The story of Javad Marandi begins in Tehran, the Iranian capital, in February 1968.
At that time the country’s economy was riding high, and Marandi’s mother worked as a teacher while his father was a property developer.
Powered by oil revenues, the early period of Marandi’s life was dubbed the ‘boom’ years for the Middle East state, but this success didn’t last.
When Marandi was just 10-years-old, the Iranian Revolution would change the course of his life forever.
With a new Islamic government in charge, the family had to make a decision whether to leave.
Successful business owners faced intense scrutiny and while Javad, together with his mother and sister, uprooted their lives and moved to England, his father was forced to stay.
A further two years passed before he could join them at their London home.
During that time, Iranian authorities confiscated the family’s assets and delayed approving an exit visa for Maradi senior.
Marandi has described his father’s absence and the loss of his country as a “traumatic event that fundamentally changed him from a young age”.
The small flat owned by the family in Notting Hill enabled them to come to England with resident status, but the language barrier and adjusting to a different culture proved difficult.
Marandi quickly learned to speak English thanks to popular 80s bands like The Police, and eventually studied Electrical and Electronic Engineering at Cardiff University.
After graduating, he began accountancy training at Coopers & Lybrand, where he would become qualified as a Chartered Accountant.
It was there that Marandi started his journey into the business world, and in his own words this gave him ‘unparalleled’ preparation for what was to come.
As a newly-qualified chartered account, Marandi was working with PwC (PricewaterhouseCoopers), a professional services firm, when he was offered two jobs.
The first, from investment bank Morgan Stanley, and the other from Coca Cola who wanted him to become a business development manager at their Vienna office.
After careful consideration and advice from his mentor at PwC, Marandi chose to work with Coca Cola where he felt he could better progress in his career.
He quickly moved up through the company, first applying for a more senior position only to be rejected. Instead, he assumed the role of business development manager for Central Asia and the Caucasus.
In 1993, Marandi went on to join one of the largest tobacco companies in the world, Philip Morris International.
He started as business development manager for Africa and the Middle East, and shortly afterwards became area manager for the Caucasus and Turkmenistan until 1998.
Philip Morris was prepared to offer Marandi the business development position for Russia, but by the late 90s, that country was going through so many changes that Marandi felt it was time to take on a new challenge.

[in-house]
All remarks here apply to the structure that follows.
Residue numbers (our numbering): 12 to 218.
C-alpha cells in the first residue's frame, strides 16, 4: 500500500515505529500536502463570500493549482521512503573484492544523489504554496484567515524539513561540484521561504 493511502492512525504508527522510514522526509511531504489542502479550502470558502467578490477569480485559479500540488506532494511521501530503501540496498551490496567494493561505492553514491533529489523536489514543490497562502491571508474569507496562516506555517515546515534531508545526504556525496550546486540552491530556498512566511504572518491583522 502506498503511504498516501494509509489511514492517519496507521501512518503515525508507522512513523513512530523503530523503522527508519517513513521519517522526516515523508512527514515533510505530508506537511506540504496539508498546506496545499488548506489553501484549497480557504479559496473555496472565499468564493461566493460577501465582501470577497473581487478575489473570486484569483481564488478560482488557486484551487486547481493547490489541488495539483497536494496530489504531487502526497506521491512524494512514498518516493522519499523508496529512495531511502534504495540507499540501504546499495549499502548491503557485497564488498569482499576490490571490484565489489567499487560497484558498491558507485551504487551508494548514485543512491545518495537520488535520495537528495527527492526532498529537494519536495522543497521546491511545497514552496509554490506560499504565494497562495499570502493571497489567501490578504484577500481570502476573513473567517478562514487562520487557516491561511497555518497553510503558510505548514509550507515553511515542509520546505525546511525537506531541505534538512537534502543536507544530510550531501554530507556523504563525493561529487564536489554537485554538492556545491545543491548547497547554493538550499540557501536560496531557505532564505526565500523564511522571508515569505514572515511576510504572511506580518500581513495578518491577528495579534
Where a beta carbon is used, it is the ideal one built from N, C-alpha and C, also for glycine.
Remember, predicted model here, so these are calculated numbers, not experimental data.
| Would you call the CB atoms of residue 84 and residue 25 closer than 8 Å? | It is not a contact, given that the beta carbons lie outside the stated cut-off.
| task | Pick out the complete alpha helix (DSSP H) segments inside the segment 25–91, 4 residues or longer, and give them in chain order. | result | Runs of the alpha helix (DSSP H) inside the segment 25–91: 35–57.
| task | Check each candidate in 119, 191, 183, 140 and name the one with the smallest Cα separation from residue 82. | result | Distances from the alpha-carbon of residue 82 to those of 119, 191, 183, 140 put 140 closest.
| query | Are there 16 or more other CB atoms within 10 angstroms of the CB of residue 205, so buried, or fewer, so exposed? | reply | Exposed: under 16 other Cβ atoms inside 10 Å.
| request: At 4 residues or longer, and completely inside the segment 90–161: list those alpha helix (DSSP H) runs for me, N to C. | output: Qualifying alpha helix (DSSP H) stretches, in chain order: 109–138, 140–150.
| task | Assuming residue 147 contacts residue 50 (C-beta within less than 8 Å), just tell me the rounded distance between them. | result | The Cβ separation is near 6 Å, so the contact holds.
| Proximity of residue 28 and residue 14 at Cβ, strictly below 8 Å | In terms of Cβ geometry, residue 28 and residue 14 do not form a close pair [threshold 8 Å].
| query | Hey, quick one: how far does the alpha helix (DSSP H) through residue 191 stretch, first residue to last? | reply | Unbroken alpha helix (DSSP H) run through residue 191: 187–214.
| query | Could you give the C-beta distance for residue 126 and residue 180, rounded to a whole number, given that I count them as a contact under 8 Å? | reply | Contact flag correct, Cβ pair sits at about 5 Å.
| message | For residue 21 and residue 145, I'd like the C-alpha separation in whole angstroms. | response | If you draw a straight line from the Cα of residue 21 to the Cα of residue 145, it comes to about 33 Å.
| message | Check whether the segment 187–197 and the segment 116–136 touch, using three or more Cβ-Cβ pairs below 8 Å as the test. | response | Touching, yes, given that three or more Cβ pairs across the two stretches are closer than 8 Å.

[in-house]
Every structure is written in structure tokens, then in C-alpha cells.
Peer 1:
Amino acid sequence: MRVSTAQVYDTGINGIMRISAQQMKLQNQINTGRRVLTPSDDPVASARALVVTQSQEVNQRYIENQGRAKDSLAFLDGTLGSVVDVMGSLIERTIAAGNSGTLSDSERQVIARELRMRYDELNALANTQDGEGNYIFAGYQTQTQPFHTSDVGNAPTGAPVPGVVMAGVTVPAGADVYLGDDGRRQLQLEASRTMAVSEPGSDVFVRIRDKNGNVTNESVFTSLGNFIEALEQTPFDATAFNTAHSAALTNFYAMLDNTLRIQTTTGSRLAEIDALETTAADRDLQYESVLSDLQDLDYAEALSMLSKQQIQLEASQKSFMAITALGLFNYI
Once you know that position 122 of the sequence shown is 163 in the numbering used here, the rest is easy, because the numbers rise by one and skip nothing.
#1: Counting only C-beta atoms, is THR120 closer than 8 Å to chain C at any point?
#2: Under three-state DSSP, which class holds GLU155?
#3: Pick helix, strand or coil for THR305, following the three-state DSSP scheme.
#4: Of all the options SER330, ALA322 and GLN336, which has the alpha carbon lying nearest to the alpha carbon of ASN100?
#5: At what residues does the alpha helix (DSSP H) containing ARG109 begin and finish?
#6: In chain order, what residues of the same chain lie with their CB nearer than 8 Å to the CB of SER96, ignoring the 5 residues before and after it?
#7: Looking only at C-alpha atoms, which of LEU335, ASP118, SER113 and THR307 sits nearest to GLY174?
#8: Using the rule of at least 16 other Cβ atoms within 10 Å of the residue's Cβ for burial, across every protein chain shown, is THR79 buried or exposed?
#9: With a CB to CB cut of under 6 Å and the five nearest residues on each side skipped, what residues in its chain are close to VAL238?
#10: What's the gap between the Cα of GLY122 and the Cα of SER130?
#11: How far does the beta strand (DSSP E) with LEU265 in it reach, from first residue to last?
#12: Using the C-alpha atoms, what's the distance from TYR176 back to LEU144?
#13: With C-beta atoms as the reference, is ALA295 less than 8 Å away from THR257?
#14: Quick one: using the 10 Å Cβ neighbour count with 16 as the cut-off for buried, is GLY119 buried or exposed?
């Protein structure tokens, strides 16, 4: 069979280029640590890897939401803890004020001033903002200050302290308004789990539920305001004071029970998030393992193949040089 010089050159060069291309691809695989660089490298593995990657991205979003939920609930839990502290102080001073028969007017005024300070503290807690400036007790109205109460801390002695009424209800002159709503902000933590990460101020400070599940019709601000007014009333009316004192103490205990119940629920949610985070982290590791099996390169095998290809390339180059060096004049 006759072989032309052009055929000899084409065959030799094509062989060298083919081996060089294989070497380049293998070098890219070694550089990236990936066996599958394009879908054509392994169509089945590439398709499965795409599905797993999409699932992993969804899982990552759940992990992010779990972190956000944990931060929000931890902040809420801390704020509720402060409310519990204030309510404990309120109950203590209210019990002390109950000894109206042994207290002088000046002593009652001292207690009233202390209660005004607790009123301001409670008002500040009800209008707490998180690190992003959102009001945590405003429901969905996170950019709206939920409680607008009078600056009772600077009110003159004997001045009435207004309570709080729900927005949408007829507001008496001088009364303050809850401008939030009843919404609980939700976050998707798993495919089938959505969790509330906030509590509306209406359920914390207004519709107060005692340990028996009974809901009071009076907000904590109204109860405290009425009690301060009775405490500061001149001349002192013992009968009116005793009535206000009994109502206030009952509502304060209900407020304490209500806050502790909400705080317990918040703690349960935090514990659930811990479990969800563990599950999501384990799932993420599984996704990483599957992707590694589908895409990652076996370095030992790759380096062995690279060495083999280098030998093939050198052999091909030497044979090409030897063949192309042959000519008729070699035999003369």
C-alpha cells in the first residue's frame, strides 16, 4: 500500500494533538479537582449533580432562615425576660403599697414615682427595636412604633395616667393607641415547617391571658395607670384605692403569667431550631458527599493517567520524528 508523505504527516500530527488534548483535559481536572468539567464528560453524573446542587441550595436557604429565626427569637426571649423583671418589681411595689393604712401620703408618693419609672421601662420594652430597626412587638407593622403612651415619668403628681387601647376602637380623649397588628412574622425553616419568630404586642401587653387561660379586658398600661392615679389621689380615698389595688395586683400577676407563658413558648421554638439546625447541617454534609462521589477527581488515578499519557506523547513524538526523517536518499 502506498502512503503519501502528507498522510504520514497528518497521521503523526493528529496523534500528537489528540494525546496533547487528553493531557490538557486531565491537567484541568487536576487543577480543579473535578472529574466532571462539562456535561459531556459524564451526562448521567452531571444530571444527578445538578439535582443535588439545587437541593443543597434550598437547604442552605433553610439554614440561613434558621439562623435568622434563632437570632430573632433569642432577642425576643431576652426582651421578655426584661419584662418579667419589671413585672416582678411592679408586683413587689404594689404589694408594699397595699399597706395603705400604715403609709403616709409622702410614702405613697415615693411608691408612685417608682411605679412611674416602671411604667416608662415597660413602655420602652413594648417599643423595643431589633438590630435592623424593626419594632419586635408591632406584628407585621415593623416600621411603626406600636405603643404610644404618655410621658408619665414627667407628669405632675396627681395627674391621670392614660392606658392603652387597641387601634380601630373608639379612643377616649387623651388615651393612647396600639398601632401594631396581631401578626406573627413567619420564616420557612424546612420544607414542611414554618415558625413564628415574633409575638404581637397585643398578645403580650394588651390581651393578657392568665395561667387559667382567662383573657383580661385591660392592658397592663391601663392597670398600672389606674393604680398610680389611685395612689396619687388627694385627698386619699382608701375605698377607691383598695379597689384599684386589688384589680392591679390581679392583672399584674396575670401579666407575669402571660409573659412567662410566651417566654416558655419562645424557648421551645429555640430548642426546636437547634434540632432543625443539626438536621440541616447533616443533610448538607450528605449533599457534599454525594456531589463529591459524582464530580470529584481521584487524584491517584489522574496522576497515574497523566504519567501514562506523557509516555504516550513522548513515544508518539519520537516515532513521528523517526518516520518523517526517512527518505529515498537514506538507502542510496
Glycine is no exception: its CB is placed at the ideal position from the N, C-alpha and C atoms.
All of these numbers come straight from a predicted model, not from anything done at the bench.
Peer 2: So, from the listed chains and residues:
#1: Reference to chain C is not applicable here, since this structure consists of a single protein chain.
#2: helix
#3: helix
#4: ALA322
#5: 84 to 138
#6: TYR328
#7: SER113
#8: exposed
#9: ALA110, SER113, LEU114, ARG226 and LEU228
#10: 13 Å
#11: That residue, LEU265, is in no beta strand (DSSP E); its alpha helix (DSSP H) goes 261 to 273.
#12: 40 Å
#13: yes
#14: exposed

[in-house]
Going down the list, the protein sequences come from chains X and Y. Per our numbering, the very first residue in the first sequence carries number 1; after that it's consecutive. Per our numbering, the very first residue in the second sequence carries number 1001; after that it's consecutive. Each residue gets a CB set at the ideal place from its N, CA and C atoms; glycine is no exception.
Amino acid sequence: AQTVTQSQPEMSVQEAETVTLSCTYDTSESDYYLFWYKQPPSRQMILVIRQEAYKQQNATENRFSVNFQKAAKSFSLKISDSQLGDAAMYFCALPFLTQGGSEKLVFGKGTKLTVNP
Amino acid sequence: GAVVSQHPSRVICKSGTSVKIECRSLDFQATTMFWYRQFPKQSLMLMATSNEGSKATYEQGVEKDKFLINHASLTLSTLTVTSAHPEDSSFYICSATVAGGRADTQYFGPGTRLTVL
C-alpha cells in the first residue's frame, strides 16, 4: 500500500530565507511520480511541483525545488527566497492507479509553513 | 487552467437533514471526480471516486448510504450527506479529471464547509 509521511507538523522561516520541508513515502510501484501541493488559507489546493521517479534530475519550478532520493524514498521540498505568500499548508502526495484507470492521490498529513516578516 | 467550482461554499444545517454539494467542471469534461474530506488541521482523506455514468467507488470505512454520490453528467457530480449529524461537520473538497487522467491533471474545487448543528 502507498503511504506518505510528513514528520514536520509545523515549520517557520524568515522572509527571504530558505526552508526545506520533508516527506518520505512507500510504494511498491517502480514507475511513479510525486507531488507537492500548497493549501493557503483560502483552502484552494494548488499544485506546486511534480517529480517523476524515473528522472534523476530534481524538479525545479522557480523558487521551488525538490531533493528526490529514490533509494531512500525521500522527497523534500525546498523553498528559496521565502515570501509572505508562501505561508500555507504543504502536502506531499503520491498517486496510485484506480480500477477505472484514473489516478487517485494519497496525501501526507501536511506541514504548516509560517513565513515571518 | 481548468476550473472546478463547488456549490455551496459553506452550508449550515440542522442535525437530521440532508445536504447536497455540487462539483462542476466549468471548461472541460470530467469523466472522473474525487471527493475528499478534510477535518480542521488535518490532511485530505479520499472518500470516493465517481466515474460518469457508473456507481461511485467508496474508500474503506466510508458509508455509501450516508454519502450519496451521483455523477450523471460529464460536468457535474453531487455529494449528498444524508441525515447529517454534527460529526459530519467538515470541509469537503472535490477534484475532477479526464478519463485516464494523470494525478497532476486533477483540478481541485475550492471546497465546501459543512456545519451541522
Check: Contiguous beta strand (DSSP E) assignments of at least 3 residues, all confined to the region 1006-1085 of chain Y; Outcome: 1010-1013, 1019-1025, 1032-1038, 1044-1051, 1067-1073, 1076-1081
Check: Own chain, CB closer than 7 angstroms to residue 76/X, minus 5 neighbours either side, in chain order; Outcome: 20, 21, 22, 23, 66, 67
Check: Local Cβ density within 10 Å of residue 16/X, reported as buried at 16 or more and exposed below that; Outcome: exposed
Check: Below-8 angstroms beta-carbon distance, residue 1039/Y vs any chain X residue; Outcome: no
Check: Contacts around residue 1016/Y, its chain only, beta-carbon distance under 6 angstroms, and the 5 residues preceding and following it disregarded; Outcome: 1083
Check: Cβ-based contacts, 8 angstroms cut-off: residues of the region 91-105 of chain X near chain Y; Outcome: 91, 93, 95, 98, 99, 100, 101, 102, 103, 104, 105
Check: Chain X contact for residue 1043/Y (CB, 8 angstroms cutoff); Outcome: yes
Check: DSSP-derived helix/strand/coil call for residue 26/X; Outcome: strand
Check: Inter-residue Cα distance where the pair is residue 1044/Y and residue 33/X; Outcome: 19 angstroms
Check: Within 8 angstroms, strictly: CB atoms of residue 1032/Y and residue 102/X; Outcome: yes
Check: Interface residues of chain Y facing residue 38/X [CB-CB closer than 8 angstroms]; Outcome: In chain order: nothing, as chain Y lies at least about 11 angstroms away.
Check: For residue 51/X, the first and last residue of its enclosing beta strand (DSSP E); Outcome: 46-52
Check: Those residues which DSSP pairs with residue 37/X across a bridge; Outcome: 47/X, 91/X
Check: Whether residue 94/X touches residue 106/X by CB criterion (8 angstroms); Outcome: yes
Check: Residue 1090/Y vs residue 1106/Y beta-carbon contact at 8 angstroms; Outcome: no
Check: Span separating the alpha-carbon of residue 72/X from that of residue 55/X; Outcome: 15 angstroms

Eventually, he would move into tobacco distribution and telecommunications before purchasing the franchise for McDonalds in Azerbaijan.
In 2010, Marandi returned to the UK with his wife and two children to be closer to his mother and sister.
Since then, he has invested in several luxury establishments within the hospitality sector, including country hotel and club Soho Farmhouse and luxury hotel Chais Monet.
Marandi has continued to develop a range of properties and businesses throughout the UK, and in 2014 he took a majority stake in the UK wedding apparel retail Wed2B.
However, in recent years, the business mogul has turned his focus to philanthropy.
In 2016, alongside Fred Hohler, he founded Watercolour World, a UK-based charity dedicated to creating a free online database of documentary watercolours painted before 1900.
The following year, The Marandi Foundation was established by Javad Marandi and his wife Narmina to support disadvantaged young people and communities in the UK.
It aims to provide access to training and educational opportunities alongside mental health and wellbeing services.
In March 2020, Marandi acquired full ownership of luxury interior design and furniture retailer the Conran Shop.
The following year, The Marandi Foundation partnered with the Conran Shop to create the New Designer of the Future Award.
This award has kept the late Sir Terence Conran’s legacy alive by supporting young creative talent and prsenting a prize worth £40,000 to the winner.
Marandi has expressed his wish to continue supporting communities and charities throughout the UK, and during an interview in 2020 with the International Business Times said: “It continues to be a huge pleasure and blessing to be able to contribute economically and philanthropically, particularly given the current difficulties and uncertainties that lie ahead.”